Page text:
Chowhound: Mercy Mission to Holland

Chowhound: Mercy Mission to Holland 

 
 
Standing: DeLome Cumbaa, John J. O'Leary, Earl J. Baugh, Stanley A. Szalwinski, Anthony R. Russo Kneeling: Gris Smith, Robert Smith, Wilson P Turnipseed, Paul A. Wilkerson

The Griswold Smith Crew (Left to Right)
Standing: 
DeLome Cumbaa, John J. O'Leary, Earl J. Baugh, Stanley A. Szalwinski, Anthony R. Russo
Kneeling: Gris Smith, Robert Smith, Wilson P Turnipseed, Paul A. Wilkerson

We flew three or four mercy missions to Holland carrying food. One of them was before the Germans surrendered. We had some kind of armistice with the Germans in Holland. They promised not to shoot at us when we brought food to the starving Dutch. We went at a low altitude (200 ft.) and dropped the food in specified areas. WE had orders not to drop unless we saw crowds of civilians. The Dutch people were lined up around the edges of the field waving and cheering. On our first mercy mission, we could see German troops marching around in their black uniforms with swastikas flying.

I took Erwin Jones with me on a "mercy mission" on the day Holland surrendered. We were taxiing out to take off in the usual manner when the hydraulic system on the ship stopped working. The breaks on a B-17 are hydraulically operated. We were moving right along on the taxi strip right behind another ship. The ship in front of us stopped and we couldn’t. It looked as if we couldn’t avoid running into her. The bombardier and navigator (John F. Accinelli and Norbert L. Rabaskiewicz) were having a fit trying to get out of the nose. The co-pilot was madly stamping on the breaks, and I was having a fit reaching around trying to throw all the switches in the cockpit. Several gunners standing behind my seat were sweating blood.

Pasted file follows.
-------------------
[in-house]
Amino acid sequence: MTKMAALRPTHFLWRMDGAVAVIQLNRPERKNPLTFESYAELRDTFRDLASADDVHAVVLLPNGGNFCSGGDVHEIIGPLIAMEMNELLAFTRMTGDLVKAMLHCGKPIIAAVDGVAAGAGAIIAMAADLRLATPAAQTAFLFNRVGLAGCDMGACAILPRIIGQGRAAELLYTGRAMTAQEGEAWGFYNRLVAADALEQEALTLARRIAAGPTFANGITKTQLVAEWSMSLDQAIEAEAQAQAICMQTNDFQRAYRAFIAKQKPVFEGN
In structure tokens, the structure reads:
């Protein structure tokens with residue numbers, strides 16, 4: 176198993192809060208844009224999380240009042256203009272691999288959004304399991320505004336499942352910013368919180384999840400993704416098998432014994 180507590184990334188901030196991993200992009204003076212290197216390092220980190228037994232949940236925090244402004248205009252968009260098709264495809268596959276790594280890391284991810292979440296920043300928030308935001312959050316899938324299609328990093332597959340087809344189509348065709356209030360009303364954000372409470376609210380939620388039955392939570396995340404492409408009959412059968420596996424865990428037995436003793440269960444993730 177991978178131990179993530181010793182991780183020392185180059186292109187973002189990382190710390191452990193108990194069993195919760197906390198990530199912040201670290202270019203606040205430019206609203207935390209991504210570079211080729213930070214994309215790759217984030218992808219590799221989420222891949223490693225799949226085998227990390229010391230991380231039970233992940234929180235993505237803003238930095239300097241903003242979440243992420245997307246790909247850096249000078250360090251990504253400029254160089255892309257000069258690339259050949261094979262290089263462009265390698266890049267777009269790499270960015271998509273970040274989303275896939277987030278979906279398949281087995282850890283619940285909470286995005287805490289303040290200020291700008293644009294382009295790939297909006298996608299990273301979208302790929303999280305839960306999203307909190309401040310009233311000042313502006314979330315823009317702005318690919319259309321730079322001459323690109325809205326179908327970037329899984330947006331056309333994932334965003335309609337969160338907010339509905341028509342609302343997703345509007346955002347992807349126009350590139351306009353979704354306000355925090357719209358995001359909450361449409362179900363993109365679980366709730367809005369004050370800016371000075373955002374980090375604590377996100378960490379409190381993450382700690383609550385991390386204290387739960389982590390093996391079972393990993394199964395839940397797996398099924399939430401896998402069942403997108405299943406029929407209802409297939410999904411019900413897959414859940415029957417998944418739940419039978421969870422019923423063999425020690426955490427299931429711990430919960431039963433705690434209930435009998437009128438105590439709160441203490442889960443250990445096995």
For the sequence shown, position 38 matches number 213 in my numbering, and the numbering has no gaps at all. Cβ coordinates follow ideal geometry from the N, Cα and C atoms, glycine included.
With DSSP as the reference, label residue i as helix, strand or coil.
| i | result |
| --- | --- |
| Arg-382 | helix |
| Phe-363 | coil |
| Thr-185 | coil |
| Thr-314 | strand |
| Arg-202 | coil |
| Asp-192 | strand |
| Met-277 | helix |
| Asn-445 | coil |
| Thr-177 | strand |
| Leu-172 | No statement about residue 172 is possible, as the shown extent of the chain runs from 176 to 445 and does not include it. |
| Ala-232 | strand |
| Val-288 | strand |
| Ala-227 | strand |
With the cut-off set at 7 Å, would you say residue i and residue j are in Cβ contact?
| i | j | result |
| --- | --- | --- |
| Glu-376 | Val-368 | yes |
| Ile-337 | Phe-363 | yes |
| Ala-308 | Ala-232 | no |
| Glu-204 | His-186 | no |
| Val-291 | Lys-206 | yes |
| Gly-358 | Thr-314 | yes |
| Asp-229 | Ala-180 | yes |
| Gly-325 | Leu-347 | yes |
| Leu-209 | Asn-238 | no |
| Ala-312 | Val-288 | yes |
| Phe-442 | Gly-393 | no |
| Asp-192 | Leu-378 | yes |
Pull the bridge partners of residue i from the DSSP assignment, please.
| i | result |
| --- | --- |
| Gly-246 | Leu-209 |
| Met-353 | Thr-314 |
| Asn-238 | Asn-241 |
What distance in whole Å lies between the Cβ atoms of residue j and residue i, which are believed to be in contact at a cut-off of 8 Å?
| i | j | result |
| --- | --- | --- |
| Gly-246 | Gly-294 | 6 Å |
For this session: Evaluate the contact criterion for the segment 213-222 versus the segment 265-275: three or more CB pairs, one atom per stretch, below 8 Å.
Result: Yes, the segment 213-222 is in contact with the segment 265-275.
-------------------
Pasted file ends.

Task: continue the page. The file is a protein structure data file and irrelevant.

We finally restored the hydraulic system and stopped the ship in the last possible fraction of a second. Erwin was riding in the very front of the ship in the glass nose oblivious to all our troubles. After we had finally stopped, he calmly turned around and innocently asked the navigator if we weren’t awfully close. The navigator couldn’t answer, as he was able to breathe yet.

We dropped out 4,000 pounds of food after trouble with the improvised "drop floors" in the bomb bay. We buzzed Amsterdam a couple of times. O’Leary, who was riding up front in the nose where he could get a better view of the town, called out over the interphone, "Church steeple coming in at 12 O’clock high!" I believe Erwin was along the day we buzzed a small sail boat on the Zuider Zee and blew it over.

Our second "mercy mission" was on the day the Germans in Holland surrendered. The Dutch had really turned out; flags were flying everywhere, and the streets were packed with people cheering and waving. It was a great day for the Dutch. We buzzed a little more and then came home.

Chowhound Missions Photo Gallery